Consider making a doggie Easter basket as part of the celebration. Fill it with safe toys, treats, a bandana, stuffed animals, or other dog-friendly items. Try baking some homemade dog treats for the baskets. Let your pup join in opening gifts on Easter morning. Having their own basket and receiving their own allocated treats, along with the children, incorporates them in snack time and could make them less interested in treats for the kids. Adult supervision of Easter basket snacks to both kids and dogs, provides controlled snacking, safe storage, and an easy way of ensuring wrappers are properly thrown away.  


With some simple precautions, you can allow your dog to celebrate Easter without putting them at risk. Focus on pet-safe alternatives to chocolate, xylitol candies, plastic grass, and other potential hazards. Your furry friend will still feel part of the festivities.




Cute dog wearing bunny ears

Recognizing symptoms 


Easter candies and decorations can cause a range of concerning symptoms in dogs if ingested. Here are some of the most common signs of toxicity to watch for:


Vomiting - One of the first signs of chocolate, xylitol, or other Easter candy toxicity is vomiting. You may see partially digested candy in the vomit. Vomiting may start within 15-30 minutes of ingestion.


Diarrhea - Along with vomiting, dogs may develop diarrhea after eating toxic candies or decorations. Diarrhea may be watery, bloody, or contain pieces of plastic grass. 


Lethargy - Lack of energy and lethargy are common as Easter toxicity progresses. The dog may seem weak, unwilling to move, and may collapse. 


Tremors/Seizures - With high doses of chocolate or xylitol, muscle tremors, shaking and seizures can occur. You may notice strange neurological signs like head bobbing, disorientation, or stumbling.


Rapid breathing and elevated heart rate - Dogs may start panting excessively and breathing rapidly as toxicity develops. Their heart rate may increase.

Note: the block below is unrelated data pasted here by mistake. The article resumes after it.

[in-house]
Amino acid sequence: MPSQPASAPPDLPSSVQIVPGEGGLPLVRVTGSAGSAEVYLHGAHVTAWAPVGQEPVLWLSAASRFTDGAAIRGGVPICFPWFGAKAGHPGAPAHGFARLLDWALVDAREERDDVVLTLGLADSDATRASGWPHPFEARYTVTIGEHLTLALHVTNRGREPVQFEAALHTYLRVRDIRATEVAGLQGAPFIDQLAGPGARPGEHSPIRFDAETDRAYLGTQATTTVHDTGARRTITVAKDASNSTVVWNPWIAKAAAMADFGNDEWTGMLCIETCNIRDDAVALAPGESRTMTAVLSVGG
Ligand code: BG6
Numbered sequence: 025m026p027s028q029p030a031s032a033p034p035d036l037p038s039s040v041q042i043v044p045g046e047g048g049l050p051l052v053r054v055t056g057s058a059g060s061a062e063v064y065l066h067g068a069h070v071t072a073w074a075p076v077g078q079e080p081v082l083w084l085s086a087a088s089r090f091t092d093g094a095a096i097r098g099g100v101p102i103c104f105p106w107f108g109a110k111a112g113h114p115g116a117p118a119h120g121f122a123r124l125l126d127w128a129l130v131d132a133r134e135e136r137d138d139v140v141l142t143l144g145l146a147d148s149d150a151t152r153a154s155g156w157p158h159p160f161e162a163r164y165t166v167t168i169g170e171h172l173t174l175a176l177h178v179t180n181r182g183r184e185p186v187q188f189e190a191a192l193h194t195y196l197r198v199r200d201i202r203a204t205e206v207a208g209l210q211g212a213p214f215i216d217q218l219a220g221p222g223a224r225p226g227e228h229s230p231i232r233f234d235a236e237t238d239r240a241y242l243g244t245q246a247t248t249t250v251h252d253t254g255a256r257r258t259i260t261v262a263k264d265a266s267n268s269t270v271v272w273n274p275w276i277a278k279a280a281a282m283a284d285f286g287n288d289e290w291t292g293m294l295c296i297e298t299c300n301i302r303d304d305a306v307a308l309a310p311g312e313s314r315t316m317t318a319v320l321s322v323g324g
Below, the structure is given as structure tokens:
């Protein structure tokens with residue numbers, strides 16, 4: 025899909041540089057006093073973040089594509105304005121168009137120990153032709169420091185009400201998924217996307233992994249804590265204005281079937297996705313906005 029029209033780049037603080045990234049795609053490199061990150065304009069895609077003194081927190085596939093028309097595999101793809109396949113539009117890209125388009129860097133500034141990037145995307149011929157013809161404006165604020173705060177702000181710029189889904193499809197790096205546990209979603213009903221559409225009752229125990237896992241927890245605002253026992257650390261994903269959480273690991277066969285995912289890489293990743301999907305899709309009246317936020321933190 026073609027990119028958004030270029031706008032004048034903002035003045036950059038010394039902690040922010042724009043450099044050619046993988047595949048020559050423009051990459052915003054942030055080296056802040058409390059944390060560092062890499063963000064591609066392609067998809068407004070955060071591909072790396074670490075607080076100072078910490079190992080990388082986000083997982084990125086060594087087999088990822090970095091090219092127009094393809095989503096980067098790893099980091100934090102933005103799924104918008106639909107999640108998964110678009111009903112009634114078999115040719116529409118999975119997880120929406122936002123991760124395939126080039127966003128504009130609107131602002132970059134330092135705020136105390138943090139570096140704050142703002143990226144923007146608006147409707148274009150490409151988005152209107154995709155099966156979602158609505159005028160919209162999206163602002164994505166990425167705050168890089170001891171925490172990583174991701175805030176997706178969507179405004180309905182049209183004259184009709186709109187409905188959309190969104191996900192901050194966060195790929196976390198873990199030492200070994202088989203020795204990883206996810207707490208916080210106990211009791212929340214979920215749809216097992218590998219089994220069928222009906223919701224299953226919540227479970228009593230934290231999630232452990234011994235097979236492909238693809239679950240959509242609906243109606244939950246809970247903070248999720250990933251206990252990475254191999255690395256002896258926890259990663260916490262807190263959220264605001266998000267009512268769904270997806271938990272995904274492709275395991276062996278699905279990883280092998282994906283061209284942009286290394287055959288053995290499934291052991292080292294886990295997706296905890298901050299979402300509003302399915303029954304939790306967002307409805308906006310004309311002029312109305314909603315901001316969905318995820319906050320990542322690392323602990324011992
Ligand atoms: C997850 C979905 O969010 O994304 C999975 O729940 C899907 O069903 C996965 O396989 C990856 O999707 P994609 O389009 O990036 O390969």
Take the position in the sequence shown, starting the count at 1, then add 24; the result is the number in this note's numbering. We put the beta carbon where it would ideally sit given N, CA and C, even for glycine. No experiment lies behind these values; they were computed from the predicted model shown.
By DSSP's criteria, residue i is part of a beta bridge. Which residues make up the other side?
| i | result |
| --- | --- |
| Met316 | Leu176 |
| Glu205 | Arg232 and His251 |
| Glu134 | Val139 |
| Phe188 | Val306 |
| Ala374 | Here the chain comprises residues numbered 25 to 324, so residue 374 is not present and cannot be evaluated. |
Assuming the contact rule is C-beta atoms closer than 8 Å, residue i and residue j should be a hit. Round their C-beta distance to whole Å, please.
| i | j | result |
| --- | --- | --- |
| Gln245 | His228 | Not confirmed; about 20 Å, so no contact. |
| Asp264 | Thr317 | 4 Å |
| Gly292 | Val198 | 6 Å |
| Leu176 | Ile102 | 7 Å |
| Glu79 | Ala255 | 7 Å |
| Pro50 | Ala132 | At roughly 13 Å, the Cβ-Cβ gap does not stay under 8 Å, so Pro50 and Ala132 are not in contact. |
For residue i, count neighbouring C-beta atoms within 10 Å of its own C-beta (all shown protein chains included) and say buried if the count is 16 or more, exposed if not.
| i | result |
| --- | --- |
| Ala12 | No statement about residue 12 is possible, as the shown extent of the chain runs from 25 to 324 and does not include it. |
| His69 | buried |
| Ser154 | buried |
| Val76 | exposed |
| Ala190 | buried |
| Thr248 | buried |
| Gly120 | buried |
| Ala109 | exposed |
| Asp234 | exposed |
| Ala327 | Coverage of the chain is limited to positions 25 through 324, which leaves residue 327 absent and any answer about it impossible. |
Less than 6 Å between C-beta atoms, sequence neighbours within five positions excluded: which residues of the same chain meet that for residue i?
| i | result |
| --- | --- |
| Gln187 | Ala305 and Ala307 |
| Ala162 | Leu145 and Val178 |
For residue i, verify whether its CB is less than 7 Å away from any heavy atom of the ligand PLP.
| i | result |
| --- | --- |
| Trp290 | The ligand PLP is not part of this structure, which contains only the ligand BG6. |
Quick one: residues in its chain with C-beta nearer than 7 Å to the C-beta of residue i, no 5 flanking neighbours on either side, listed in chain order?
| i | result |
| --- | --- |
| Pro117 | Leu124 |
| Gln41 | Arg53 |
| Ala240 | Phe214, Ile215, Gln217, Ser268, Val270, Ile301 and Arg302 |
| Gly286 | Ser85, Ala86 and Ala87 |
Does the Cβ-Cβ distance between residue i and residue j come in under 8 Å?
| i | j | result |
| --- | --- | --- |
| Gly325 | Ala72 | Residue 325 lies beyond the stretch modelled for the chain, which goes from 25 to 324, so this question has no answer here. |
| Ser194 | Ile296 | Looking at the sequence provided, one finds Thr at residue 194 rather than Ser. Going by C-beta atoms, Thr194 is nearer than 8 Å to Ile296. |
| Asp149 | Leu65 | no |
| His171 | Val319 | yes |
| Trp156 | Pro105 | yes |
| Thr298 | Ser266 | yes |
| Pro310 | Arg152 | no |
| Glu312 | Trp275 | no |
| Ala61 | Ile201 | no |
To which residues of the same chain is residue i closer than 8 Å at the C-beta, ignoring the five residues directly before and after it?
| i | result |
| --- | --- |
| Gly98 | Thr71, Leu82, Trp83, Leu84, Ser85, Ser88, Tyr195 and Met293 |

Drooling - Some dogs drool excessively after eating toxic foods. The drool may be thick and sticky. 


Abdominal pain - With intestinal blockages or irritation from candy wrappers or plastic grass, dogs may cry out, whine, or act tender when their belly is touched.


If you notice any concerning signs after your dog gets into Easter candies, call your veterinarian or pet poison control right away. Prompt treatment can help manage toxicity and avoid lasting harm.




Cute dog wearing bunny ears in a green easter egg

Seeking treatment


If you suspect your dog has ingested any of the dangerous Easter items, it is crucial to seek veterinary treatment immediately. Call your vet or the ASPCA Animal Poison Control Center at (888) 426-4435 as soon as possible. Many vets and emergency animal hospitals have staff available 24/7 to handle poisoning cases. 


When you call, be prepared to describe any symptoms your dog is exhibiting, along with details about the item ingested, estimated quantity, and time since ingestion. Having this information ready will help the vet determine the severity and recommend appropriate treatment steps. 


In many cases, the vet may advise you to induce vomiting at home using hydrogen peroxide. However, do not attempt to induce vomiting before speaking with the vet, as it can be dangerous in some situations. The vet may also instruct you to bring your dog in immediately for examination and treatment.


Time is of the essence when a dog ingests a toxic substance. The sooner you call for help after ingestion, the better the likely outcome. Even if your dog seems fine initially, call right away, as symptoms can develop quickly as toxins are absorbed. Immediate veterinary treatment greatly improves the chances of a full recovery. Never wait and see if symptoms materialize before contacting the vet.




Three cute dog's sitting in easter egg's

Conclusion


Preventing access to these items through vigilance and safe storage is the best way to keep our pets safe. Closely supervise children around pets when giving Easter treats. And be alert for any symptoms of toxicity like vomiting, diarrhea, lethargy, or seizures. Seek veterinary treatment immediately if poisoning is suspected.


While we want our pets to share in the fun of the holidays, a little planning and awareness go a long way in protecting them from potential Easter dangers. With some simple precautions, we can make sure Easter is a safe and enjoyable time for all members of the family, including our furry friends.